As inflation has risen, so have consumer prices, which are the highest they have been in over 40 years.

CNBC/Jeff Cox
Consumer prices rose 8.5% in March, slightly hotter than expected and the highest since 1981

Prices that consumers pay for everyday items surged in March to their highest levels since the early days of the Reagan administration, according to Labor Department data released Tuesday.

The consumer price index, which measures a wide-ranging basket of goods and services, jumped 8.5% from a year ago on an unadjusted basis, above even the already elevated Dow Jones estimate for 8.4%.

The data reflected price rises not seen in the U.S. since the stagflation days of the late 1970s and early ’80s. March’s headline reading in fact was the highest since December 1981. Core inflation was the hottest since August 1982.

Due to the surge in inflation, worker wages, despite rising 5.6% from a year ago, weren’t keeping pace with the cost of living. Real average hourly earnings posted a seasonally adjusted 0.8% decline for the month, according to a separate Bureau of Labor Statistics report.

The inability of wages to keep up with costs could add to inflation pressures.

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Fox Business/Talia Kaplan
The ‘real cure’ for inflation is keeping US dollar stable: Steve Forbes

Steve Forbes, chairman and CEO of Forbes Media, weighed in on the latest inflation data on Tuesday shortly after its release, blasting the Federal Reserve for its approach to curb price hikes. 

Forbes, who wrote a book about inflation, explained the “real cure” to curb the price hikes, arguing that the key is keeping the U.S. dollar stable.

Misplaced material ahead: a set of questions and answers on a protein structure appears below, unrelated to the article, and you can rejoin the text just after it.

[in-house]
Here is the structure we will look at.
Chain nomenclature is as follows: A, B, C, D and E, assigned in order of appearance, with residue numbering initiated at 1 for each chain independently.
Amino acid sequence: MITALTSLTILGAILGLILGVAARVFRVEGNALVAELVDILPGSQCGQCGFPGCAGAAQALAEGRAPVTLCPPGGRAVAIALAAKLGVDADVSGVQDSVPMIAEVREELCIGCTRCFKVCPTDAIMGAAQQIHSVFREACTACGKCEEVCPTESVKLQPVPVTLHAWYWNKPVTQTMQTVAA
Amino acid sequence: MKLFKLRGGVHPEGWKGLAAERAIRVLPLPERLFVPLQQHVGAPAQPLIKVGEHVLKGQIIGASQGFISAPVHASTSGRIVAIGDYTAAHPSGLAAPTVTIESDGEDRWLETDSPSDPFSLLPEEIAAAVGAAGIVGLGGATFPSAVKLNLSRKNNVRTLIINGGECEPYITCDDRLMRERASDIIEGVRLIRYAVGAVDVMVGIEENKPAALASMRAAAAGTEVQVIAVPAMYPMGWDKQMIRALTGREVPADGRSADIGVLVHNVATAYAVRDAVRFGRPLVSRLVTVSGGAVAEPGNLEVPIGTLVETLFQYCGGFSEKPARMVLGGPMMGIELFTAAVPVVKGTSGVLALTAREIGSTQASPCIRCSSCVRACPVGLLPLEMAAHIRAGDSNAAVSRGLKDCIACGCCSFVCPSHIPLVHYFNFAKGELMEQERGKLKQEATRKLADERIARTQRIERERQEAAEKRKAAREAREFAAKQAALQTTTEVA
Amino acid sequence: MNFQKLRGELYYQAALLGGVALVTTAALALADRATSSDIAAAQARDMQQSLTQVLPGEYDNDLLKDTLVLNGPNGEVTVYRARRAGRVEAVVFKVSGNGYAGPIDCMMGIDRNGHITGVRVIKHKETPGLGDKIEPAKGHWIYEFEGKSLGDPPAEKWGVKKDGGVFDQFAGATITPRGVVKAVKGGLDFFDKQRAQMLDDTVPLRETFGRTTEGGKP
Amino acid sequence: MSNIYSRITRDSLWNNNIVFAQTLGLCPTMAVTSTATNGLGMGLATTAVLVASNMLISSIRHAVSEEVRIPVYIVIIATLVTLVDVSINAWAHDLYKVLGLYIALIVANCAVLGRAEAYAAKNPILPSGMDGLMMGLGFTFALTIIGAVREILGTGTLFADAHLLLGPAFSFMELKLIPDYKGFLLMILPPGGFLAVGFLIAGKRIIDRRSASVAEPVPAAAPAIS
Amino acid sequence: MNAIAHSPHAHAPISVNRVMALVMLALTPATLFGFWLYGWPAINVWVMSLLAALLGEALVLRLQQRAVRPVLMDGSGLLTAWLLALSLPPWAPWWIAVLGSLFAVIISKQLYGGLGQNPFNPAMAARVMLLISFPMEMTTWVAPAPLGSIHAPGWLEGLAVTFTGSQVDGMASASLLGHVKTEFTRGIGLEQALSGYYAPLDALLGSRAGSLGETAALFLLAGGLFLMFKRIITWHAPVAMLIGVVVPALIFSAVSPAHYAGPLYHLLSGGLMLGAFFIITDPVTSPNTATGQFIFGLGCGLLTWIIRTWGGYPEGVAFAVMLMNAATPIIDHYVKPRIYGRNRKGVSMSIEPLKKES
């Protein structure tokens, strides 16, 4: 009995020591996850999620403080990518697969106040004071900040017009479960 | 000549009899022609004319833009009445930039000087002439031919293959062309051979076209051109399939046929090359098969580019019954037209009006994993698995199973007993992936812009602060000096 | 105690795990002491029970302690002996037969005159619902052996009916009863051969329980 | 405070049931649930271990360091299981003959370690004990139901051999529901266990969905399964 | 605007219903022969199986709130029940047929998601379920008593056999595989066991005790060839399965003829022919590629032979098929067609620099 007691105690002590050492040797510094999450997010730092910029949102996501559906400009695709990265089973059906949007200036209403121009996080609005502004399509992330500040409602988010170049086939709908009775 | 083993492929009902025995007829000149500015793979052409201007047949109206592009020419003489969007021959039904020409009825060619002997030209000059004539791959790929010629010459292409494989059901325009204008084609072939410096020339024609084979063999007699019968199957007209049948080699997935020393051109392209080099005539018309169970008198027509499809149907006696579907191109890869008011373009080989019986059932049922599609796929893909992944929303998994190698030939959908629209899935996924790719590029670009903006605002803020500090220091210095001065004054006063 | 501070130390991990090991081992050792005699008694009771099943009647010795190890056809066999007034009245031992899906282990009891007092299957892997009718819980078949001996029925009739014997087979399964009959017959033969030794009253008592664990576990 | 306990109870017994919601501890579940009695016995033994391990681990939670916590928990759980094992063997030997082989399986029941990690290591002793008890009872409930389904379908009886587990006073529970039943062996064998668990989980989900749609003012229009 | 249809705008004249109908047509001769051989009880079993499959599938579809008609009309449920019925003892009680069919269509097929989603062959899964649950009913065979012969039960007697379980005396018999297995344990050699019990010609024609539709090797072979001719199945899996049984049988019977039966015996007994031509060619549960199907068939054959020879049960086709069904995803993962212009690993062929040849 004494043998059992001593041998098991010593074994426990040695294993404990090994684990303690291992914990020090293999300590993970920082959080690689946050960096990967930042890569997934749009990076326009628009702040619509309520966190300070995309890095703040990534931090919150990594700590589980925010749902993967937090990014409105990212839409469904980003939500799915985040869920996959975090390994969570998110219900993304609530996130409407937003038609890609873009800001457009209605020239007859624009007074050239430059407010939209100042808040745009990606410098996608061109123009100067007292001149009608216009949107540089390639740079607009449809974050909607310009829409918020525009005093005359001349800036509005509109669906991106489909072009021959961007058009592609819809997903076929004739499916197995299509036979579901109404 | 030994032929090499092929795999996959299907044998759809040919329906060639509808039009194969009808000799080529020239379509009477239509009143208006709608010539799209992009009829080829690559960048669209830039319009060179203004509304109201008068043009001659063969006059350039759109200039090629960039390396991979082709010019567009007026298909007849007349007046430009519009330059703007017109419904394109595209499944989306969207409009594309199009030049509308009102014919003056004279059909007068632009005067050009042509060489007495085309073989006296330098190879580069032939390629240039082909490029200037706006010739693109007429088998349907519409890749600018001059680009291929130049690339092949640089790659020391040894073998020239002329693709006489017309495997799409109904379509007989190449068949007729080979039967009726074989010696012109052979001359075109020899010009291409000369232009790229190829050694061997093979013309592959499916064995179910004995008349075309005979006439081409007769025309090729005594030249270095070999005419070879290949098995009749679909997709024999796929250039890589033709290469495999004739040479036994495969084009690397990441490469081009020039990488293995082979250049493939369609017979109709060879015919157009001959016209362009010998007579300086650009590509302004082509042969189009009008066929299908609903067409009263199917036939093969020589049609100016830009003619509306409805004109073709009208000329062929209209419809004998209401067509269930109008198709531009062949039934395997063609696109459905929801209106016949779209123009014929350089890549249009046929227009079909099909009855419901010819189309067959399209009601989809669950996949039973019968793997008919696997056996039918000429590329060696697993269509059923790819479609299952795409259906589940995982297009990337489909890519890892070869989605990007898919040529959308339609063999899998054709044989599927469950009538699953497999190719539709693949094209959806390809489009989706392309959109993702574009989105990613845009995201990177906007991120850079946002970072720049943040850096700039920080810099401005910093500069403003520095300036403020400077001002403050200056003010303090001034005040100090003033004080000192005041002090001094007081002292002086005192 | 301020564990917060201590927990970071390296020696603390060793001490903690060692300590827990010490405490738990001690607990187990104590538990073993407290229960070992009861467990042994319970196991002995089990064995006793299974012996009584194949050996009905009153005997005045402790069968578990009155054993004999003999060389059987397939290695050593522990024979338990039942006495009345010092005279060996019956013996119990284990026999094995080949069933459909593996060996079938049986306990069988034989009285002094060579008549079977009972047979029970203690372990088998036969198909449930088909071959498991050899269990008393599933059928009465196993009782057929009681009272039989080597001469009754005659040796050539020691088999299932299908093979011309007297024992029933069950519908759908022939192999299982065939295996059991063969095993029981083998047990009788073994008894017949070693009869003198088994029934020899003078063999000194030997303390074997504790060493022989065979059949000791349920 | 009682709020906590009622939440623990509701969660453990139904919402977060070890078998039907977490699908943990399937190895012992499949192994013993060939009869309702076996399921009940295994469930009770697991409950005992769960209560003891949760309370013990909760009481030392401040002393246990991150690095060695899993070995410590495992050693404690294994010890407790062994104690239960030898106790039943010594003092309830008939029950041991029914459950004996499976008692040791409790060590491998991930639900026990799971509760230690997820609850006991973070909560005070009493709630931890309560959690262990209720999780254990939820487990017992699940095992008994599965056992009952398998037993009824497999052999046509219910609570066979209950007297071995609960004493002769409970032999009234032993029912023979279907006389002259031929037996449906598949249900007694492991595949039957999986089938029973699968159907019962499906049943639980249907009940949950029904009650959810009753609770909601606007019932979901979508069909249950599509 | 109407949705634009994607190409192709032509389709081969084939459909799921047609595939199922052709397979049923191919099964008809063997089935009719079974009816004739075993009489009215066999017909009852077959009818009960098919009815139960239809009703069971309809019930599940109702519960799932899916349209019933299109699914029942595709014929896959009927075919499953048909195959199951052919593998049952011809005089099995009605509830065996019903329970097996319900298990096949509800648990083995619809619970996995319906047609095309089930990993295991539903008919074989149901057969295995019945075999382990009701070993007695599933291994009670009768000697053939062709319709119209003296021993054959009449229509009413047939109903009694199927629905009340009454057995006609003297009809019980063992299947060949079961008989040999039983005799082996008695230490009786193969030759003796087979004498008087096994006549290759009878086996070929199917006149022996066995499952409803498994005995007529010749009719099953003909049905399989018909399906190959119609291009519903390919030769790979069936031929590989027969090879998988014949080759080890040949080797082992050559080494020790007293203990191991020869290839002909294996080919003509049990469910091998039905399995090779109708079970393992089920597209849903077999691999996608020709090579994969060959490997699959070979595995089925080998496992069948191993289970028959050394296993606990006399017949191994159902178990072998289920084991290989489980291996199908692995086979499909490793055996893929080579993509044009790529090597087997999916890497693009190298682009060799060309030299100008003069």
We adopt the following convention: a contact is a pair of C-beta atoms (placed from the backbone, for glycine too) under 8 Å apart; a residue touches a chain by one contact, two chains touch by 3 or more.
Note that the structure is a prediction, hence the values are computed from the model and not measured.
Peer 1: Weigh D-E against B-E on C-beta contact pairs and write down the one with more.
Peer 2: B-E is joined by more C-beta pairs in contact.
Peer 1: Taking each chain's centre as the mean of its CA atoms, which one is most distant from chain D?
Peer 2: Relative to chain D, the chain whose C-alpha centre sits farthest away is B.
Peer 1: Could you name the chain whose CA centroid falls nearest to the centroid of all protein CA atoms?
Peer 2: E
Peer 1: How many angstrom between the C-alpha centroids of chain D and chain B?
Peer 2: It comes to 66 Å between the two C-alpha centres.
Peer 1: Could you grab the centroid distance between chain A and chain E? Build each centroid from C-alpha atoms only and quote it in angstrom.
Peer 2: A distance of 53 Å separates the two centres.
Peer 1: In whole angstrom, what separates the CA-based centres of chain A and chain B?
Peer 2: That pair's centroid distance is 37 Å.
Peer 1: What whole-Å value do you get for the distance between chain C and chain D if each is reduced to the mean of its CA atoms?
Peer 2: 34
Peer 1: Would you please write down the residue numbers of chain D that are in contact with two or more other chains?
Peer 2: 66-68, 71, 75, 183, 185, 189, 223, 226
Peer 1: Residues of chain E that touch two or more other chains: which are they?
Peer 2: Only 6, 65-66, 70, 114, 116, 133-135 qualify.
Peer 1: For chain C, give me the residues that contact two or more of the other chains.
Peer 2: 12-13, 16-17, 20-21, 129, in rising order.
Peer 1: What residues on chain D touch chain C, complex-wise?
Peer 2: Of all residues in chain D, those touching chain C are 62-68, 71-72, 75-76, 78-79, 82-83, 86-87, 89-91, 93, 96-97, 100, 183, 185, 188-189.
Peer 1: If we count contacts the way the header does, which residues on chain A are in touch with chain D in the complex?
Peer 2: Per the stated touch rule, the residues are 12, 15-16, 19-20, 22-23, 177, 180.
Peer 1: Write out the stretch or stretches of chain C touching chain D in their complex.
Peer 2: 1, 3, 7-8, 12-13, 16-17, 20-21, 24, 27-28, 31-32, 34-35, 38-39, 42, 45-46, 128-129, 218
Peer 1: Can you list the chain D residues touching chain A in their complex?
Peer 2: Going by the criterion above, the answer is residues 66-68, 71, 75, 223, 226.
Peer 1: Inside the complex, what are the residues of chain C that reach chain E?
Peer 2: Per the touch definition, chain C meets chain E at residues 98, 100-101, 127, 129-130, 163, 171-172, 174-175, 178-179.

“I think what you’re seeing unfolding now is really conflation of two kinds of inflation, one is the chain disruptions we’ve had and that’s raising prices. We are going to see it in food with what’s happening in Ukraine,” he told “Mornings with Maria” on Tuesday. 

“But the big thing long-term that is very, very destructive is the Federal Reserve undermining the value of the dollar.” 

He then pointed to the rallying price of gold.

This year, gold prices have popped amid the conflict overseas. Analysts have argued that gold’s role as an inflation hedge appears to be buoying the metal.

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CNBC/Eustance Huang
China’s lockdowns could trigger a logistics snarl that may ‘dwarf’ 2020 and 2021

Many goods are stuck in China right now as a result of the Covid lockdowns and it could become a “big problem” for the global economy, according to business consultant Richard Martin.

“Many of the things that we use around the world that’re manufactured, have components from China and we’re about to see a logistics snarl that’ll dwarf anything in 2020 or 2021,” Martin, managing director at IMA Asia, told CNBC’s “Street Signs Asia” on Tuesday.

“China is 20% of global demand but its role in supply chains is much bigger than that.”

Since the early months of the pandemic, the global economy has struggled with supply chain challenges due to a mix of factors — such as logistics services struggling to keep up with trade volume, or Covid surges in parts of Asia that threatened to disrupt the flow of goods.

The war in Ukraine, which broke out in late February after Russia invaded the country, has further fueled those concerns.

“The outlook you’ve got for the global economy is getting pretty dim now — Europe faces a war on its doorstep, the United States has got big interest rate hikes coming through which could hit the U.S. consumer and in China, they’re really slowing the economy down,” Martin said.

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